Two-stage exchange arthroplasty remains the gold standard for treatment of PJI with reported success rates of 85–90%. Complications that occur during treatment are often not reported or considered in the success rate. The purpose of this study was to analyze complications in patients undergoing two-stage exchange and determine when they occur.
We analyzed all patients that underwent two-stage exchange arthroplasty for treatment of chronic PJI of the knee from 2010 to 2018. We categorized complications as medical vs. surgical. The intervals for complications were divided into: interstage, early post re-implant (3 months) and late post re-implant (3 months to minimum 1 year). Minimum follow-up to evaluate complications was one year.
Overall, 132 patients underwent a first stage of a two-stage exchange. There were 63 males and 59 females with an average age at first stage surgery of 66.6 years (SD: 8.9). Ten patients (7.6%) did not undergo re-implantation following resection arthroplasty (8 retained spacers and 2 deaths). 122 patients underwent the planned second stage of a two-stage exchange arthroplasty of the knee. The overall success rate (re-implant without recurrence of infection) was 78%. Overall mortality was 1.6% at one year and 9% at 5 years after treatment.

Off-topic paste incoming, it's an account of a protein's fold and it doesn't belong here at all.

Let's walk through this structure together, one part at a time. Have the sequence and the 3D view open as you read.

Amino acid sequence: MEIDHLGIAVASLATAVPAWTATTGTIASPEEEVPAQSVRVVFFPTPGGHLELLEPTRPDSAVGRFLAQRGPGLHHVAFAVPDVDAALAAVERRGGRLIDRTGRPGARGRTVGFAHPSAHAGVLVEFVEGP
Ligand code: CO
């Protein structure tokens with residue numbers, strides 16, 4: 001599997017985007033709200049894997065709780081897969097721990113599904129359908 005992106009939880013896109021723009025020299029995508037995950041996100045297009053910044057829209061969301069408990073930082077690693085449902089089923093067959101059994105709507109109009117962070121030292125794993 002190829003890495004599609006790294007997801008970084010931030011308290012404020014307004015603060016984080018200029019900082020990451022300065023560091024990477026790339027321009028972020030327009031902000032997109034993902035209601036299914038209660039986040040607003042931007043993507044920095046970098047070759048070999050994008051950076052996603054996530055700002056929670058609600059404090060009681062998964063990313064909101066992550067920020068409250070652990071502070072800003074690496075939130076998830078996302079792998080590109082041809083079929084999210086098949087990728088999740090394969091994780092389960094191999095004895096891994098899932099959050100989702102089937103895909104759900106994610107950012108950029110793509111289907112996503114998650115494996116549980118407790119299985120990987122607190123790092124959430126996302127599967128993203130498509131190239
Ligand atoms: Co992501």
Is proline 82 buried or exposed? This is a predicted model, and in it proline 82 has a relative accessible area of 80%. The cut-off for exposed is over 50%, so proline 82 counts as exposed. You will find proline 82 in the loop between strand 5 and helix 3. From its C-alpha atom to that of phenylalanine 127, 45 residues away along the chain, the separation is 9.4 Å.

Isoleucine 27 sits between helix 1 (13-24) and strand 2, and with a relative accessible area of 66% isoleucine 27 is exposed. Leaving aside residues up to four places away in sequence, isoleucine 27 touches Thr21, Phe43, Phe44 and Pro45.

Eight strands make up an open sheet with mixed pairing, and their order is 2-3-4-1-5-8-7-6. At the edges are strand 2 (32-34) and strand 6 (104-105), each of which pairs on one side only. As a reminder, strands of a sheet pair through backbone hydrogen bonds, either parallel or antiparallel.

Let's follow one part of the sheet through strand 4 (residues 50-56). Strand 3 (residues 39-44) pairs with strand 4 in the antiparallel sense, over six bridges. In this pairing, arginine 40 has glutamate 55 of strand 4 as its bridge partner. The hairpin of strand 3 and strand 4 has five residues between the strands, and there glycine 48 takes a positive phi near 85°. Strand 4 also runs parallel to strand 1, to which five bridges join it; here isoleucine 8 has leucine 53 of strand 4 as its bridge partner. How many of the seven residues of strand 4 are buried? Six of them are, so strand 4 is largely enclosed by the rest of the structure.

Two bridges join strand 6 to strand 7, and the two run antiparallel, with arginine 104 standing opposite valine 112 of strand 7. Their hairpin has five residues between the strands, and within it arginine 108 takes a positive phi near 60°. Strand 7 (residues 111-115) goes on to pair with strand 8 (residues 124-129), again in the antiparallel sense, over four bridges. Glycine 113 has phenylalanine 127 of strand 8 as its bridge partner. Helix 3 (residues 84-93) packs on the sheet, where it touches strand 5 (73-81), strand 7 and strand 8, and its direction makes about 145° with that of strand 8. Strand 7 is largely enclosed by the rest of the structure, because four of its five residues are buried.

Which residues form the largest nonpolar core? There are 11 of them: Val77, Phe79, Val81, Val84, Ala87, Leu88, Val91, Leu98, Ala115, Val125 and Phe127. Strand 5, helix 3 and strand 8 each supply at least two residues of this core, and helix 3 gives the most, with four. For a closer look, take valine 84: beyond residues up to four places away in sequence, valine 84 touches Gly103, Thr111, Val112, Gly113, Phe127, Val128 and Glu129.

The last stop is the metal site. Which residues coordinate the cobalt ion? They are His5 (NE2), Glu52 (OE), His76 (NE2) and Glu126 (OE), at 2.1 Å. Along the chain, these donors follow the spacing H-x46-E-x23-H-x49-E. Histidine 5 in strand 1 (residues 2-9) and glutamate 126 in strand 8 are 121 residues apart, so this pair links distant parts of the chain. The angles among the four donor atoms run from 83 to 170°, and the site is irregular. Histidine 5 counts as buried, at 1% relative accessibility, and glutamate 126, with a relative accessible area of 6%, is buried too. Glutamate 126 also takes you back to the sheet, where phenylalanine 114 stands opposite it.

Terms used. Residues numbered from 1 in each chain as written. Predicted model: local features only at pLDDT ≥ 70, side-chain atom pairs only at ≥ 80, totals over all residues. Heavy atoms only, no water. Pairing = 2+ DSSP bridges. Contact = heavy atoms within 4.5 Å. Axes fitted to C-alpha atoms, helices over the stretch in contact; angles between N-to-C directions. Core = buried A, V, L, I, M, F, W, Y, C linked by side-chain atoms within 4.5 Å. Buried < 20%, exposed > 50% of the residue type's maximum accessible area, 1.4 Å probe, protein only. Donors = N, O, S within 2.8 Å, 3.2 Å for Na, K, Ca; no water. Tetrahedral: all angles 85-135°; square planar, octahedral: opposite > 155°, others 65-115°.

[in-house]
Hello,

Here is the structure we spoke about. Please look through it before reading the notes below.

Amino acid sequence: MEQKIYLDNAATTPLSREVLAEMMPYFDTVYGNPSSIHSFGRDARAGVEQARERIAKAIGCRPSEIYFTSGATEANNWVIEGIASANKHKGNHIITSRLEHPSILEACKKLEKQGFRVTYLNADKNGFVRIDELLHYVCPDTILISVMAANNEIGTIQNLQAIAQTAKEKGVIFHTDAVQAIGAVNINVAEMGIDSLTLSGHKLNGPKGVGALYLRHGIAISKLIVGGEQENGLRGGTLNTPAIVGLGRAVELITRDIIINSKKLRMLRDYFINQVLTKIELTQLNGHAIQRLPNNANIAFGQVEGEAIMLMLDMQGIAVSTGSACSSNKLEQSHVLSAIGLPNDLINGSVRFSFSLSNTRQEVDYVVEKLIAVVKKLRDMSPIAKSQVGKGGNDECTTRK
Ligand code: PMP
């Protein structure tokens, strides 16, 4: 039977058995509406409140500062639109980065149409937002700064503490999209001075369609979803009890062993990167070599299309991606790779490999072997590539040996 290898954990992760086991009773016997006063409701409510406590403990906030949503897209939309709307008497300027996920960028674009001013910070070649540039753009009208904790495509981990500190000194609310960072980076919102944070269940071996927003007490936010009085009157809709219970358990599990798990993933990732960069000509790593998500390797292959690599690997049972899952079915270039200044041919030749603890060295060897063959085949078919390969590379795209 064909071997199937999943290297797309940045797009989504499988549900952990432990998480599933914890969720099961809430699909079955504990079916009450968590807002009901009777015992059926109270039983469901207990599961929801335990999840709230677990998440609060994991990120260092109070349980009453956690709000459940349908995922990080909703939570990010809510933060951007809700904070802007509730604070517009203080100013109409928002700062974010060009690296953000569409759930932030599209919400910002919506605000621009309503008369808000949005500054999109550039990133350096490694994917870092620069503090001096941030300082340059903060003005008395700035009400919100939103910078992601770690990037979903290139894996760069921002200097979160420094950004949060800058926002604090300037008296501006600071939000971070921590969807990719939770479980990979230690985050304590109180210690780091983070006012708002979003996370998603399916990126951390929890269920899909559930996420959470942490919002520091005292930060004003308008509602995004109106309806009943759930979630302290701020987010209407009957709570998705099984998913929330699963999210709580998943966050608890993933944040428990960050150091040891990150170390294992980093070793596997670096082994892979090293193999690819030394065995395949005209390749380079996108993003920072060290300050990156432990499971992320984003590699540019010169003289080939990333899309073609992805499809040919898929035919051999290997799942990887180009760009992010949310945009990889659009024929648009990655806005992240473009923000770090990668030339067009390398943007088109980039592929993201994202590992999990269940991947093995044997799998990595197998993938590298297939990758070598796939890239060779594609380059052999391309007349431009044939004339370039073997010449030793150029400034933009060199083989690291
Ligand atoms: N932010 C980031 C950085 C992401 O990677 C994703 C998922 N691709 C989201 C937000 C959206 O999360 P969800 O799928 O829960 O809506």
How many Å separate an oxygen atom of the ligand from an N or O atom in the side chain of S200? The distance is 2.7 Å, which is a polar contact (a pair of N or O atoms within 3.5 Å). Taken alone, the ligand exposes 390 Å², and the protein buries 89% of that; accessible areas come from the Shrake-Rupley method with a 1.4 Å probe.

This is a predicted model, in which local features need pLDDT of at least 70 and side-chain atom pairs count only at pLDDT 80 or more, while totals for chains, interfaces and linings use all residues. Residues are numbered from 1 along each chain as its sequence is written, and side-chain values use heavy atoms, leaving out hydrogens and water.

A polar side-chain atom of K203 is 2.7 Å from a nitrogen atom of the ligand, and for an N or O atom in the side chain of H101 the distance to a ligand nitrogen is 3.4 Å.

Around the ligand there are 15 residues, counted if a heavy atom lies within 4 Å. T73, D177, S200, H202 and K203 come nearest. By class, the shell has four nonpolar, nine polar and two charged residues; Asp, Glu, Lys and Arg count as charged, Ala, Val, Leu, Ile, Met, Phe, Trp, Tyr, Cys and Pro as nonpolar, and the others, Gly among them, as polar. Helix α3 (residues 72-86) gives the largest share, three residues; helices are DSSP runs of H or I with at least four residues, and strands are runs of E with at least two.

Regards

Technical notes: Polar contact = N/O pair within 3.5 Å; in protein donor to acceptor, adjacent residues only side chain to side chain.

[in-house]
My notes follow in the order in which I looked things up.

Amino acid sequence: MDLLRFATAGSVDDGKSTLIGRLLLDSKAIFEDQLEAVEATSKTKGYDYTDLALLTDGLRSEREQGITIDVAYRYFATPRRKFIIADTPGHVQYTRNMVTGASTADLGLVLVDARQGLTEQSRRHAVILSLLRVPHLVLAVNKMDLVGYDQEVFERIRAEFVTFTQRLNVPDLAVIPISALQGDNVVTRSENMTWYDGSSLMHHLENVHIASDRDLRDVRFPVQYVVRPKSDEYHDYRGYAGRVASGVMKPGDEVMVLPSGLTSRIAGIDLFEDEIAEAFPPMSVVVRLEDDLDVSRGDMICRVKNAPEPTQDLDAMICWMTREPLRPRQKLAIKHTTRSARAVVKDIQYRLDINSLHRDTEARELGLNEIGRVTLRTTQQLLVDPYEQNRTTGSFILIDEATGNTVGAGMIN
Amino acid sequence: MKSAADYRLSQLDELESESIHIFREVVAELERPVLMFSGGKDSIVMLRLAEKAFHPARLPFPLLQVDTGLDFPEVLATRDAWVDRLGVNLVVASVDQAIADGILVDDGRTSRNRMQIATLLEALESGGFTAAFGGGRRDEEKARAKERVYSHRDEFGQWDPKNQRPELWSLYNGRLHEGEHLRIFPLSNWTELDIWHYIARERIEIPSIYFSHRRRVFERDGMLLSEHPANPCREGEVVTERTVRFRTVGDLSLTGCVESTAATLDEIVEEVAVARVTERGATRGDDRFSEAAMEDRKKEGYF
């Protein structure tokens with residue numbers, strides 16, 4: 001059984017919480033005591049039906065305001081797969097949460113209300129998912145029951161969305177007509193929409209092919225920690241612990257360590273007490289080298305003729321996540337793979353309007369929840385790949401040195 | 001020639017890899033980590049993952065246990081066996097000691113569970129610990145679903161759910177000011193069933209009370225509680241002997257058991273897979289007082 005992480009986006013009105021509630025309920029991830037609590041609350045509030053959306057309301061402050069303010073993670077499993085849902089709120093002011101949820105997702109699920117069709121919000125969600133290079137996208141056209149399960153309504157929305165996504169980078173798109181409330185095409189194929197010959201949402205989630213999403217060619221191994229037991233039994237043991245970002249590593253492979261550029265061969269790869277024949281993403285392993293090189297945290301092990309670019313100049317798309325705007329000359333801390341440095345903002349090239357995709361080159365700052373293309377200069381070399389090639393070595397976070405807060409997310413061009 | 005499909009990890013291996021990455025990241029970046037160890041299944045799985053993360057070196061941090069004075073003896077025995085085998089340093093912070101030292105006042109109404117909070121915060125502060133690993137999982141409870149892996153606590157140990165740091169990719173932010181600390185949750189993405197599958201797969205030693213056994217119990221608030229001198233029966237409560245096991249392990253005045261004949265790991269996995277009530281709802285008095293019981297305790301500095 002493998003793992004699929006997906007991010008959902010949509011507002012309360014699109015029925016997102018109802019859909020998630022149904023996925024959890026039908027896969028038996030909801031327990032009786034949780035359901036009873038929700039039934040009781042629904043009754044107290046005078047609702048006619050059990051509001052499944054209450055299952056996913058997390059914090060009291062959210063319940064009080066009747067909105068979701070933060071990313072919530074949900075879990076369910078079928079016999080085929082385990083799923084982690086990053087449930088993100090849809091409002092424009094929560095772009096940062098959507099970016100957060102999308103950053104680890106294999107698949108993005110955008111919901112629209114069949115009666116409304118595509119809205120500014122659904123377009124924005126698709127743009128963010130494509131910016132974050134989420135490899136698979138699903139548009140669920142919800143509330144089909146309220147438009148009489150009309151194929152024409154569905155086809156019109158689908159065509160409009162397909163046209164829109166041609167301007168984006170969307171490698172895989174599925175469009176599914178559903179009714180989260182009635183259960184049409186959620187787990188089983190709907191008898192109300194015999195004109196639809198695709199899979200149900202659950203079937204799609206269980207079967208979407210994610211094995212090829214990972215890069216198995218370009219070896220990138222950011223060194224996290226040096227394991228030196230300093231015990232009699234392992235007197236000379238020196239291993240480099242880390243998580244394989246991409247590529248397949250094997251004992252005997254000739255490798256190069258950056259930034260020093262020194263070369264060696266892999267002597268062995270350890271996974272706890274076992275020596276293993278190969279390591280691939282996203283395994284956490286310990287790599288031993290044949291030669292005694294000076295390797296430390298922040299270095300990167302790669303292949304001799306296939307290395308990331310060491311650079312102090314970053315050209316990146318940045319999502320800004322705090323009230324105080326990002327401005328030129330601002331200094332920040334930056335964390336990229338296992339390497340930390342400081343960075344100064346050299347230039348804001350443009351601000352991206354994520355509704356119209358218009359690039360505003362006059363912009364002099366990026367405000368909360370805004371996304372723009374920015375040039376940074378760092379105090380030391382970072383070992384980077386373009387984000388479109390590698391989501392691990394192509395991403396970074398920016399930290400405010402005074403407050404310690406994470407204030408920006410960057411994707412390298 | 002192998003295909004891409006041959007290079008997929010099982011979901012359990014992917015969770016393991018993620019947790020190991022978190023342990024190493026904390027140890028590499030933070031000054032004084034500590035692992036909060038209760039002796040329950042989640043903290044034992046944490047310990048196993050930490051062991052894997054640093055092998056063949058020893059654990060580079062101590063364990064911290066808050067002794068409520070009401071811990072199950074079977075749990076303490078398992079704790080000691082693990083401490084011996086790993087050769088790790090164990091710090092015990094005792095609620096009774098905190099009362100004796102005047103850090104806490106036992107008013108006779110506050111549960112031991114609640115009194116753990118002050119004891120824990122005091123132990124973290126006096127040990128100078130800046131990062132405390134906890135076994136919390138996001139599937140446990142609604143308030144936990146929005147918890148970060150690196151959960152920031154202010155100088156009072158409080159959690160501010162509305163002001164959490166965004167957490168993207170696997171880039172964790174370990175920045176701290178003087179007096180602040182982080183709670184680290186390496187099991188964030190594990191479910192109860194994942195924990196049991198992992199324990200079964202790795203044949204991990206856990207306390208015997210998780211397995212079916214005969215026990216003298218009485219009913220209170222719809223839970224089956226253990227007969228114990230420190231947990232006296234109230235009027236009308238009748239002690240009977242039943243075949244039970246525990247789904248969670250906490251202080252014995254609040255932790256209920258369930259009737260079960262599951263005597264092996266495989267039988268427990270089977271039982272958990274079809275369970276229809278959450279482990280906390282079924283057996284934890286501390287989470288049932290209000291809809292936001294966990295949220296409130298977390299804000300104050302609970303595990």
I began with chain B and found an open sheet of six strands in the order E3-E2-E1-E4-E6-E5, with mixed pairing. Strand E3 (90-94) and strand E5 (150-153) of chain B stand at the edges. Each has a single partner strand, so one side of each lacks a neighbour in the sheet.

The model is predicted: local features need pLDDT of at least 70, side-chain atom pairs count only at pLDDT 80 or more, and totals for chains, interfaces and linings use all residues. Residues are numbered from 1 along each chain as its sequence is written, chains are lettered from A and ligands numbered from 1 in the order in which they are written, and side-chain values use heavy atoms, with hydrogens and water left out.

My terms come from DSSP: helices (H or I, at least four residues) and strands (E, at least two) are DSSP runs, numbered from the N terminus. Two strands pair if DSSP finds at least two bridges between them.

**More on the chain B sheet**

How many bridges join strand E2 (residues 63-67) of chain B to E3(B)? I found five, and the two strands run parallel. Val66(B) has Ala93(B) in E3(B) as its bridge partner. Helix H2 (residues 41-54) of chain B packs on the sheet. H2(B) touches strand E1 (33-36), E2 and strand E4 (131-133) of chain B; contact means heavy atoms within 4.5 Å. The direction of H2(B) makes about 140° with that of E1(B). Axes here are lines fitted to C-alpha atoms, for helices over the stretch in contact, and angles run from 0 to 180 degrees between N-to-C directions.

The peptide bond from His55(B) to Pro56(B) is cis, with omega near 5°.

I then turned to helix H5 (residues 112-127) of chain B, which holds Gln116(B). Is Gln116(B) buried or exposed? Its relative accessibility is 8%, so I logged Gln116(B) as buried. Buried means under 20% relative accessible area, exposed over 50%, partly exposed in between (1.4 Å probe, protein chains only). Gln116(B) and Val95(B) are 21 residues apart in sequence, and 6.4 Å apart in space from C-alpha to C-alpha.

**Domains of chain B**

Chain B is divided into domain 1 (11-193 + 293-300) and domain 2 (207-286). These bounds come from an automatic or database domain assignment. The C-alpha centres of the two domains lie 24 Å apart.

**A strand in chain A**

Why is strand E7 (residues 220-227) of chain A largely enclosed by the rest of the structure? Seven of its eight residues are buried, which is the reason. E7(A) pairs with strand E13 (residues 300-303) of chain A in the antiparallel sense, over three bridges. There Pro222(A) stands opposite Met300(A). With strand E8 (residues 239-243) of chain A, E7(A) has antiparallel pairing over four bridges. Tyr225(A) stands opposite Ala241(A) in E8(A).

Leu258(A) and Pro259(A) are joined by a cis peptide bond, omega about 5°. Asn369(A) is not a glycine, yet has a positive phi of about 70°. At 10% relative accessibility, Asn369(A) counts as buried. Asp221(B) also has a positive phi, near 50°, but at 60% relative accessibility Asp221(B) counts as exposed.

Fifty-six patients (46%) experienced at least one complication. 43 patients had an orthopaedic related complication that required additional surgery and 13 patients had a medical complication. 33% of the total complications occurred during the interstage period, 18% within 90 days of reimplant, and 37% greater than three months from reimplant (p=0.0287).
Reported rates of success of two stage exchanges for PJI have not traditionally considered complications in the definition of success. In our series, significant numbers of patients experienced complications, more often after reimplantation, highlighting the morbidity of this method of treatment and the need for in-depth patient counseling, careful surgical technique, and close follow up.
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